Reply
  4. You are so right! What we see and experience on the surface may be so different than reality. I’ve learned to release judgement and to be a good listener.

    It took me many years (I’m still practicing) to refrain from offering advice.

    Isn’t it surprising that our perceptions can be so far from reality?

    Reply
    • I have to admit that I still struggle with this too, Wendy. It’s so easy to fill in the blanks, especially to assume life is easier for others than it is for me.

      Reply
  5. I actually think many of these observations and feelings apply to my personal belief that as women, we oftentimes feel insecure and judge ourselves because from the time we’re young girls we’re conditioned that motherhood is an ^expectation* that’s full of bliss, coordinated accessories, and unconditional love.

    In fact parenting is exhausting, oftentimes thankless, and a never-ending 24x7x365 vigil full of extreme emotions we hadn’t even realized existed (including many bodily fluids, screaming tantrums, and sleep deprivation… and that’s just the first years before the ‘dark side’ teenage behaviors and heart wrenching choices begins).

    Yet all of the ads and media (and now FB) show everyone doing it so ‘effortlessly’ and with a smile and so many cute baby photos. Let me be the first to admit: it takes all of my self restraint to only comment that I choose not to have any more for myself and feel unapologetic about being a ‘career woman’ because my real inclination since I care for others is to sound the alarm and warn others so they choose parenthood with their eyes wide open instead of being lulled by the hype of parental pressure, tiny baby advertising, and cute social media posts which represent a small fraction of the life people are signing up for! LOL!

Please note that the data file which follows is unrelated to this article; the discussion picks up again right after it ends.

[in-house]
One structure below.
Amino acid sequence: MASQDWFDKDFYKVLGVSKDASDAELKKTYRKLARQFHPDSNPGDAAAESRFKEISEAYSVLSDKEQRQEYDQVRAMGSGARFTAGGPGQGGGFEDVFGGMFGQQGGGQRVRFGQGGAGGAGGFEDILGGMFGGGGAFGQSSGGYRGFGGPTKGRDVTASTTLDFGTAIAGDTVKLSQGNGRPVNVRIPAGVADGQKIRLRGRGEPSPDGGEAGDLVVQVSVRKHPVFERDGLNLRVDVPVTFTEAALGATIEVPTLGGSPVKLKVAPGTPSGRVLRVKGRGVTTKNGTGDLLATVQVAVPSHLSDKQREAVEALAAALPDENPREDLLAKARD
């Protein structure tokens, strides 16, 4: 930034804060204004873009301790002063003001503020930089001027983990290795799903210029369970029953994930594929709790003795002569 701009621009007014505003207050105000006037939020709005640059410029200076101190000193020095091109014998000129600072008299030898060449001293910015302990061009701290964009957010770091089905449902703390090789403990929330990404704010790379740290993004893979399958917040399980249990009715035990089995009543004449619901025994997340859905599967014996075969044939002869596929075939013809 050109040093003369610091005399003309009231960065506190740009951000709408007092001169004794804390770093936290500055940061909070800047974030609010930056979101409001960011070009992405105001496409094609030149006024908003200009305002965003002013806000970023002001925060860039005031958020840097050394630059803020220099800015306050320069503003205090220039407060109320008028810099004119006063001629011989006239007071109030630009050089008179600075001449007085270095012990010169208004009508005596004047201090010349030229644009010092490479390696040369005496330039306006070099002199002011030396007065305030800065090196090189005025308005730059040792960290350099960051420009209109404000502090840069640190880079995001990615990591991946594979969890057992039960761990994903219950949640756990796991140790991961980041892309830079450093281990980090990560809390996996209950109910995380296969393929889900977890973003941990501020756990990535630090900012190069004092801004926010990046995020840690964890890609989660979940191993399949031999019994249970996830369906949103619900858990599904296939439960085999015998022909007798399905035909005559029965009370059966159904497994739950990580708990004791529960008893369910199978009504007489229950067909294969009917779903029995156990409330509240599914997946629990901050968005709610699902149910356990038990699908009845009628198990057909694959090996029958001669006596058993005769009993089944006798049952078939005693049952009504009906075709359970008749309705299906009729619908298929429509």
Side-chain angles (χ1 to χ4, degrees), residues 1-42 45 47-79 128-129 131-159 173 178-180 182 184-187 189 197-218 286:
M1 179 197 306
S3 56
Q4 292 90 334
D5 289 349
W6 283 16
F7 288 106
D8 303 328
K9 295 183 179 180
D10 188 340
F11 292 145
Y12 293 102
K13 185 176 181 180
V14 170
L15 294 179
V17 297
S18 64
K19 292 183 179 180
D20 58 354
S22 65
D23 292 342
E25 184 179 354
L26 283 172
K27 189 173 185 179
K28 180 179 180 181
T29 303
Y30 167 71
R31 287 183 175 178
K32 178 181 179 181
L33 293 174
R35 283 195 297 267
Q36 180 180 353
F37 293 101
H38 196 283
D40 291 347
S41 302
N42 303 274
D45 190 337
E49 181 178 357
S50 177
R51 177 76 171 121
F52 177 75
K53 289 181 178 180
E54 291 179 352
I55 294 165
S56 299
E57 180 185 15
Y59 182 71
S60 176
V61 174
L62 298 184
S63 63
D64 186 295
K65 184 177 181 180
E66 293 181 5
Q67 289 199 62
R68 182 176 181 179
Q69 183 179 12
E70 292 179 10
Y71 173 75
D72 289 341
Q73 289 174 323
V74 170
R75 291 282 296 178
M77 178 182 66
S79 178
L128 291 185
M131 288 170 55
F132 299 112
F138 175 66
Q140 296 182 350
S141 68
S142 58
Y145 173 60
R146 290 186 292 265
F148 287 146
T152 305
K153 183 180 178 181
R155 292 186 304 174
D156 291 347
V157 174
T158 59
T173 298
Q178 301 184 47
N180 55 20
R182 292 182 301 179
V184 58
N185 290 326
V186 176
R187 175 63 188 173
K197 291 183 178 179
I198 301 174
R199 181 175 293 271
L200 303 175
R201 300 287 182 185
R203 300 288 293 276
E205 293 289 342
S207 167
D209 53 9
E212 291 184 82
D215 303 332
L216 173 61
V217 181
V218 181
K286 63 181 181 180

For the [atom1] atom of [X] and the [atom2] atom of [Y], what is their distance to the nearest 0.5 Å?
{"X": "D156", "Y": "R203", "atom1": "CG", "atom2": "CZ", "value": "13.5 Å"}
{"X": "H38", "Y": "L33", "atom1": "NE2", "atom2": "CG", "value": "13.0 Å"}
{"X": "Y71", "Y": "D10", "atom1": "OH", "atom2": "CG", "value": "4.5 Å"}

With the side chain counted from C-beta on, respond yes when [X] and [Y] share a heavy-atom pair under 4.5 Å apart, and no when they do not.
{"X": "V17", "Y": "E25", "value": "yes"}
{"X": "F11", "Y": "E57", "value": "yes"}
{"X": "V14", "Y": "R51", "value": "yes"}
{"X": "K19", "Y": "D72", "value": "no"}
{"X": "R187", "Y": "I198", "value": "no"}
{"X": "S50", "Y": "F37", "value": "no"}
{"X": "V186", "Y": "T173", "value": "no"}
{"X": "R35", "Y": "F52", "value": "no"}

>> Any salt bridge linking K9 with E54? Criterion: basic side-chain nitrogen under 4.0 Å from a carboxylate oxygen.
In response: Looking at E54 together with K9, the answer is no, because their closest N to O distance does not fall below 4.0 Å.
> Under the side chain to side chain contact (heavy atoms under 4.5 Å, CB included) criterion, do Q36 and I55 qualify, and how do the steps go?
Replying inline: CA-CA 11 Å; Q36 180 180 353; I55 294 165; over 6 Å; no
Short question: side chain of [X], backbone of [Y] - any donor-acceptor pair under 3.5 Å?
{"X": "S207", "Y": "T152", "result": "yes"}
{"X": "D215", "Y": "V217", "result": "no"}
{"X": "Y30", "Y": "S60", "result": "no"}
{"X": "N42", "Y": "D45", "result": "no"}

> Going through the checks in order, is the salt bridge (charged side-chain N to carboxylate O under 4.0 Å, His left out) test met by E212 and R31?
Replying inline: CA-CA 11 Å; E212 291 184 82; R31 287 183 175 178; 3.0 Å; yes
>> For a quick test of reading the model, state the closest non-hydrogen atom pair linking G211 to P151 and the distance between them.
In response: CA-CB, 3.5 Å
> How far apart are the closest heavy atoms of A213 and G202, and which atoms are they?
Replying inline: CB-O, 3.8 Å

Yes of course we wouldn’t trade it for the world, but I feel sad that the amount of pressure we feel (both genetic and societal) to be Mothers does not seem to have dropped in relation to my observation that we seem to have lost the ‘village’ and ‘generational’ support networks that once existed to help us survive and thrive (read: sleep).

    What makes me happy? More men are stepping up as fathers and in the home, and more women are winning the bread. Hard work, equality of partnership, and love for all. Oh, and my boys. I absolutely love and wouldn’t trade my boys for anything. But I’m not signing up for any more and sure wish I lived in the same state as my BFF so I could take her girls so she could rest because I know how much she needs it right now. <3

    Reply
    • Alix,

      Many of your comments really struck home. First, I’m really lucky that my husband is very supportive. He not only has a job where he can telecommute, but when he’s not working, he’s right there beside me, raising my daughter. During that period where my daughter was waking up every 2 hours, he was there. He feeds, he bathes, he changes diapers, he lets me sleep in, he takes her to the doctor. I don’t know how I could have made it this far without him.

      And both of us have felt the squeeze from not having close family nearby. Our families live several hundred miles away, and there are days I wish my mother and mother-in-law were around to be part of our support network. At least, we are fortunate that we’ve built a network of friends where we help each other out. It’s not the same as our family, but it gets us through the day.